Rosh Hashanah (Apple Cake)
Updated: Sep 30, 2019
This time last year, I was discovering a little pocket of Israel just miles from my home in Charleston, SC. Upon learning that half my family is Jewish, a French-by-birth, Israeli-by-choice, near-stranger (now, beloved friend) extended an invitation to a Rosh Hashanah Seder at the local synagogue. He introduced me to the Rabbi:
“Do you speak Hebrew?”
“Oy!” The Rabbi let out in a guttural punch, replete with an eyeroll, warm smile, and comforting arm squeeze. Each introduction from thereon out became a call and response, “This is Alexx. She doesn’t speak Hebrew!” And then, in chorus, “Oy!”
With all welcome, we sardined ourselves at the long tables. I sat arm-to-arm with strangers, who sat arm-to-arm with family and friends-like-family. We sat, at first, quietly. The Rabbi recited Hebrew blessings over pumpkin, pomegranate, beets, and dates, imbuing each simple ingredient with nuanced meaning for the new year: luck, the end of enmity, freedom, strong wills, weak enemies. Then, over homemade brisket, kugel, challah, and so much more, the room erupted with chatter, laughter, and not a hint of hesitation about second helpings.
Judaism has a uniquely intimate relationship with food. Jewish holiday meals go beyond mere tradition; Easter would still be Easter without ham, and Christmas would still be Christmas without cookies. But Rosh Hashanah without dates, apples, and honey? Passover without matzoh? Hanukkah without fried foods? Intrinsically linked to each holiday, food becomes symbol. Something as simple as an apple becomes representative of all the sweetness in the year to come. Perhaps this imparting of meaning upon food, and in turn, this reverence for it, is one of the reasons Jewish grandmothers are the best cooks in the world.*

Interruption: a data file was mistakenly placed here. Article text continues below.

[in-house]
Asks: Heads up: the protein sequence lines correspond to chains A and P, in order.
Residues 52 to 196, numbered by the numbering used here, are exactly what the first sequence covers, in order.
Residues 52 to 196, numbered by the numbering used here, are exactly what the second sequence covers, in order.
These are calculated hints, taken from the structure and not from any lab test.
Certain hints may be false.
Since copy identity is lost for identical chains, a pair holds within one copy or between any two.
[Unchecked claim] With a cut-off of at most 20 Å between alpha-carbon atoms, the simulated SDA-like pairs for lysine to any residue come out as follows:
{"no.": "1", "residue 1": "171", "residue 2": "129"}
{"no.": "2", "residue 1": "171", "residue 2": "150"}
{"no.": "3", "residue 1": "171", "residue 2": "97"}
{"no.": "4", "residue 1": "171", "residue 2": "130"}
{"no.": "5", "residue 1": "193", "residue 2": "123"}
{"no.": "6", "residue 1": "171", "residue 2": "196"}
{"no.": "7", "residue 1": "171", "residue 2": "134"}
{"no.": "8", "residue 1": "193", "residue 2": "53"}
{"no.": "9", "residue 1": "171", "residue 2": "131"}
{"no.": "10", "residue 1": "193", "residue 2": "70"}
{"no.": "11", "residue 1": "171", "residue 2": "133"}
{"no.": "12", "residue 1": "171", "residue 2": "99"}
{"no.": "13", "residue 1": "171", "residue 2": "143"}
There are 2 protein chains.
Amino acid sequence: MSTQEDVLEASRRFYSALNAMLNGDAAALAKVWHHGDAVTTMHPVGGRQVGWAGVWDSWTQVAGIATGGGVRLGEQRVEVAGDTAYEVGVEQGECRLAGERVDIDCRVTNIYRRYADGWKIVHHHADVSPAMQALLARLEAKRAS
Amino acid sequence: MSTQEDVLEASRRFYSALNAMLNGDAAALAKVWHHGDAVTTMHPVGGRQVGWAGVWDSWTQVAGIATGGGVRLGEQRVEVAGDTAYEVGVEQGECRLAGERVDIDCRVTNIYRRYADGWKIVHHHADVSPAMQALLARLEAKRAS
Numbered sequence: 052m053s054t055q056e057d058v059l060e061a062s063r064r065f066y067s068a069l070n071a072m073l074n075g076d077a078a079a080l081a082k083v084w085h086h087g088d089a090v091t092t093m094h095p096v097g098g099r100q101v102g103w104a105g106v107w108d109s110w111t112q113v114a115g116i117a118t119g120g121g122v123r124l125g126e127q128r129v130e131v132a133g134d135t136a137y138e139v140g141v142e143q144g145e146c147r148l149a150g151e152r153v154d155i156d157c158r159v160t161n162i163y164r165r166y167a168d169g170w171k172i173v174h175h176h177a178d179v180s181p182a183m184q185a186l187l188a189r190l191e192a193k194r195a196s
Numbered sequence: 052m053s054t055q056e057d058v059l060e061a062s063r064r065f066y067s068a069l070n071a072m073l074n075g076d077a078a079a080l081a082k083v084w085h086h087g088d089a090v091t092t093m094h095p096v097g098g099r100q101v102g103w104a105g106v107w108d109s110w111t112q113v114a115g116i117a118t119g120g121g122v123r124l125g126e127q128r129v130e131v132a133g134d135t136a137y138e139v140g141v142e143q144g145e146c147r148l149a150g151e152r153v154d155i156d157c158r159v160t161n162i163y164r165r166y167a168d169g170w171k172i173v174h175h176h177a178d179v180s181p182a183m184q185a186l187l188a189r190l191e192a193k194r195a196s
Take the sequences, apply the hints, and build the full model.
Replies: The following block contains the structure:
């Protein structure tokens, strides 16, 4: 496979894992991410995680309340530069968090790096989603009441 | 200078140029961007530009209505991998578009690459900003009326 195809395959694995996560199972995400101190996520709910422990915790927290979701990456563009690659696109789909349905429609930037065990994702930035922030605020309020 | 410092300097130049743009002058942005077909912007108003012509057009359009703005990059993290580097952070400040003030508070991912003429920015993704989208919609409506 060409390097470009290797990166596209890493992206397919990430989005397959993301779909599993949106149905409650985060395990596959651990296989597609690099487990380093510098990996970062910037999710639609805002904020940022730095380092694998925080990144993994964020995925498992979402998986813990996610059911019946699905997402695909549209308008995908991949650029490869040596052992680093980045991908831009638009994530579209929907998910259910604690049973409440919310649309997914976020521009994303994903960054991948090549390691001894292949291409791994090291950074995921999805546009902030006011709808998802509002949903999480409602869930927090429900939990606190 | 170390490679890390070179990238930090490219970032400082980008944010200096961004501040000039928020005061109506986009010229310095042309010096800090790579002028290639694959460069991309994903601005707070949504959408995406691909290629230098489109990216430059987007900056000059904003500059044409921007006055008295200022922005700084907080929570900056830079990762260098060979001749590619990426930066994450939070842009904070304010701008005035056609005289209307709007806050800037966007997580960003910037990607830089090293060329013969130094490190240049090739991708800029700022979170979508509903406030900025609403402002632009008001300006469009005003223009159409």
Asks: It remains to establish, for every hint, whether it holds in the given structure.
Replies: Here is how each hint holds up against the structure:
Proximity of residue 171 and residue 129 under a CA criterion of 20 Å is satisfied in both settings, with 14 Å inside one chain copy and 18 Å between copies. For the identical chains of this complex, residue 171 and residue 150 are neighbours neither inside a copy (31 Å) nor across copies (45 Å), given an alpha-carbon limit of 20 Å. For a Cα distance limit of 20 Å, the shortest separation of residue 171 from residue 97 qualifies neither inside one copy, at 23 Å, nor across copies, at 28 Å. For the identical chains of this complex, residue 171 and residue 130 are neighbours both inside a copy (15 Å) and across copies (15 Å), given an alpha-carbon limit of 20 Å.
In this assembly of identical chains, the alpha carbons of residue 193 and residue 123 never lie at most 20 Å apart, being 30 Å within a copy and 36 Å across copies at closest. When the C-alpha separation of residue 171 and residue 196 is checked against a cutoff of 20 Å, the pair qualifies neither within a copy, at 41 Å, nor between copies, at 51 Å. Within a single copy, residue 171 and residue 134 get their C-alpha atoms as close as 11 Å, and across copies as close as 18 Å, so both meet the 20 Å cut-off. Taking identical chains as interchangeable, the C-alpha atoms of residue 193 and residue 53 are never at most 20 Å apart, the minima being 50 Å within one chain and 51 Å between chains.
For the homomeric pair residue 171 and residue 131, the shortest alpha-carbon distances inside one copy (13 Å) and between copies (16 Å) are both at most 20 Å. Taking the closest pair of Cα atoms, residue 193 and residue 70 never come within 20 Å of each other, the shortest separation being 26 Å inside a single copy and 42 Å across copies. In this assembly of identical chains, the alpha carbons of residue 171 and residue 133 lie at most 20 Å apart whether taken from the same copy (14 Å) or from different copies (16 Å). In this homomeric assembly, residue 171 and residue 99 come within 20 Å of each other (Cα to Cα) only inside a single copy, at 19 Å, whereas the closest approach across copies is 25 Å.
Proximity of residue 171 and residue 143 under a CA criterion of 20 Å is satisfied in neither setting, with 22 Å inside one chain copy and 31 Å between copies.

For my solo Rosh Hashanah in France, I made some tweaks to my own Jewish grandmother’s apple cake. Not because it isn’t perfect as it is, but because I need my recipes to be mixer-free out here in the countryside. I also added some extra-strong black tea to up the coziness factor and add some complexity to the flavor profile. A very, very moist black tea cake base, textural and sweet layers of apples, and a drizzle of salted honey to top if off, this cake dances across your palate in celebration of the new year. Shana Tova!
Apple, Black Tea & Honey Cake (serves 6-8)
For the apples
6 Granny Smith apples
½ lemon juice
¼c brown sugar
¼c white sugar
For the cake
1 cup sugar
2 whole eggs, 1 egg yolk
2 teaspoons vanilla extract
1 ½ cup flour
1 1/2 teaspoons baking powder
½ tsp salt
¼ cup strong black tea (3-4 black tea bags)
1/8 c honey
Pinch of Kosher salt
1. Pre-heat oven to 400 degrees and grease a 7” springform pan.
2. Peel and thinly slice 6 apples. Toss with lemon juice, sugar, and brown sugar. Spread on sheet tray and dot with butter. Bake for 20-25 minutes, or until partially soft.
3. Steep 3-4 black tea bags in 1/4c water for 5-6 minutes.
4. Whisk oil, sugar, egg, and vanilla in a medium-sized bowl until smooth. Mix in flour, baking powder, and salt with a wooden spoon until just combined. Add brewed tea. It might take a moment for the tea to incorporate, but it will.
5. Pour half of batter into pan. Spread half the apples, and their juices, evenly atop the batter. Add the other half of the batter, and the rest of the apples.**
6. Bake for 1-1.5 hours or until a skewer comes out dry. The apples add a lot of moisture to this cake, so it takes a long time to bake and the doneness can be a touch on the elusive side. Make sure you get to the very bottom with your skewer when testing. Check every 20-30 minutes for excessive browning—if the apples are where you want them, cover with foil for the rest of the bake time.
7. When cool, drizzle with honey. Extremely comforting eaten warm with a cup of tea. Even better the next day.
*Every grandmother, ever, is the best cook in the world.
**I got fancy with my apple roses because I had the time, but it’s fiddly, and not super worth it. I recommend going rustic and just dumping the apples on top, but arranging them in concentric circles splits the decorative difference.